The Rise and Fall of Brahms the German


Johannes Brahms's reputation during the years between his death in 1897 and the end of World War II in 1945 has received little attention in Brahms‐reception studies. The Brahms portrayed at that time was a distinctly German artist whose conservative style was comforting during a socially (and artistically) turbulent period. That image of Brahms is unfamiliar to our modern idea of the composer, shaped as it is by Arnold Schoenberg's 1947 essay “Brahms the Progressive.” Schoenberg painted Brahms as a harbinger of modernism whose flexible phrase structure and supple use of forward‐looking harmony led to the emancipation of the dissonance and the free prose style of the early twentieth century. Later Brahms scholars have read Schoenberg's essay largely as a self‐serving attempt to legitimize his own atonal language by ascribing some of its principles to a revered master. Yet, when Schoenberg first delivered his remarks as a radio address in 1933, he was also attempting to overturn several decades of increasingly reactionary readings of Brahms, whereby German writers had championed Brahms as a bulwark against a decadent modernism that was perceived to be driven by foreign elements. This essay examines some of the best‐known German writers on Brahms from the first half of the twentieth century (Walther Niemann, Wilhelm Furtwängler, Schoenberg, Karl Geiringer, and others) and traces an increasingly nationalistic and at times even racist trend in Brahms reception. Finally, the uneasy attempts after World War to deal with Brahms's German legacy are briefly assayed.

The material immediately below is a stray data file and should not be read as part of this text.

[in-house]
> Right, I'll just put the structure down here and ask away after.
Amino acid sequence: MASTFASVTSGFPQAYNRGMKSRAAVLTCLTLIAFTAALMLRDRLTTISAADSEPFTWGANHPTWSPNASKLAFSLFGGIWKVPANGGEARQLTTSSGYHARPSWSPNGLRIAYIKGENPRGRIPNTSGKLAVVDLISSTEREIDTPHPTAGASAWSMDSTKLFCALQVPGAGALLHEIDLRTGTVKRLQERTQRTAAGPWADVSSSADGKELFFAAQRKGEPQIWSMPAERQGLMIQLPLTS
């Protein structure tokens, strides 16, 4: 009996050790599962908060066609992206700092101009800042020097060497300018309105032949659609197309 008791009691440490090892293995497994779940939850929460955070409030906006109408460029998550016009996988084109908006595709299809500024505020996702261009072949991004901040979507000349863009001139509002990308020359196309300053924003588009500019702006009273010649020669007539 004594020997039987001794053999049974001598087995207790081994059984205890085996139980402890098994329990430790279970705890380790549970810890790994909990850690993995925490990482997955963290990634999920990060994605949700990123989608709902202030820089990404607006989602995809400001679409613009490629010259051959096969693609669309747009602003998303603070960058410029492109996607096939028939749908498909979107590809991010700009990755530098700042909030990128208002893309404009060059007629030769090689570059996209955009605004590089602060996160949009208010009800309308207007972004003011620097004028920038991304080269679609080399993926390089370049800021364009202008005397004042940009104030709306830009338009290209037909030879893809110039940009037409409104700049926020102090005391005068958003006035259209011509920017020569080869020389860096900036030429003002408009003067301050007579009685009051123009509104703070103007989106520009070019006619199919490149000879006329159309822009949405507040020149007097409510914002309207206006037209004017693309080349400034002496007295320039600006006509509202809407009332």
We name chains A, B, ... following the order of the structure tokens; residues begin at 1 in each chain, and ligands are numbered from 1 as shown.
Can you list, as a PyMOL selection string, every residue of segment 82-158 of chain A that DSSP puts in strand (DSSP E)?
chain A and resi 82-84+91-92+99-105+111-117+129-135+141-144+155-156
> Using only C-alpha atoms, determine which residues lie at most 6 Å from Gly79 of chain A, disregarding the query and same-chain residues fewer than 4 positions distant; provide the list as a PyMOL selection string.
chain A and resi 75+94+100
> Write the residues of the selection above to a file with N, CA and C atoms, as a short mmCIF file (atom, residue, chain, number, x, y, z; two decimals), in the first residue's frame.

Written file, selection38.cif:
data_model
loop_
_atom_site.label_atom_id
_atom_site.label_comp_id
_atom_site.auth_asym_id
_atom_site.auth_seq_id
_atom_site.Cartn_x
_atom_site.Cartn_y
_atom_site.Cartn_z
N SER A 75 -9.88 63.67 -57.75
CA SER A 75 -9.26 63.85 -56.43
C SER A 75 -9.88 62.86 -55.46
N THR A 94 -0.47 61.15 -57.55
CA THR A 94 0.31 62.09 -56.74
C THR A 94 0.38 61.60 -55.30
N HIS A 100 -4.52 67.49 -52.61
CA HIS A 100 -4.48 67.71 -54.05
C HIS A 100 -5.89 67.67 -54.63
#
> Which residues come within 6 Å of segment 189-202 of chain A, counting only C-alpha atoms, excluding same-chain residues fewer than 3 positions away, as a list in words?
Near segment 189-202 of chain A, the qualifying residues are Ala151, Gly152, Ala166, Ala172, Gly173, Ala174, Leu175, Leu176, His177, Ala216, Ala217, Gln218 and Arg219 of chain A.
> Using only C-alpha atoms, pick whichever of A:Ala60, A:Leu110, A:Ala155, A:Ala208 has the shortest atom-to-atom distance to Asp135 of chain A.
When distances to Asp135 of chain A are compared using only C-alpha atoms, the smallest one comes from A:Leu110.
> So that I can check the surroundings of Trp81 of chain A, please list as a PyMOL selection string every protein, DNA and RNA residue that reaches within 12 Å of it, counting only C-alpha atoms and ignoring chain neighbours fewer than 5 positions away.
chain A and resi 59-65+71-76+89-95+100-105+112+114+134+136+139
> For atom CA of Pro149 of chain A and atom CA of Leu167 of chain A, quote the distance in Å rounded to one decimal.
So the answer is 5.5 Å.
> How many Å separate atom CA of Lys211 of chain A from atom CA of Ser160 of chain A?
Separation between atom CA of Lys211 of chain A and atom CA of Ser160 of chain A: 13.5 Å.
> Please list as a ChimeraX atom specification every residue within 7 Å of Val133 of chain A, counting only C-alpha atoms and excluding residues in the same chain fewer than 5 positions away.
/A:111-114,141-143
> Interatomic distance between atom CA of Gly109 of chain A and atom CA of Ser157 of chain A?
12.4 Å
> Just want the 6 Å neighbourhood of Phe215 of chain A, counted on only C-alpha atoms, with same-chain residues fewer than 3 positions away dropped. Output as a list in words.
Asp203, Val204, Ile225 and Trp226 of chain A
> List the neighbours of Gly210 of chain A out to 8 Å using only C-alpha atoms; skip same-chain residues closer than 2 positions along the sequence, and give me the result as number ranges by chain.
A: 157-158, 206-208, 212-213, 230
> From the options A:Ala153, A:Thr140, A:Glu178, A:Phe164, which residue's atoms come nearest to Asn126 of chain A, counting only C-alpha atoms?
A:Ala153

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Journal of Musicological Research


Taylor & Francis

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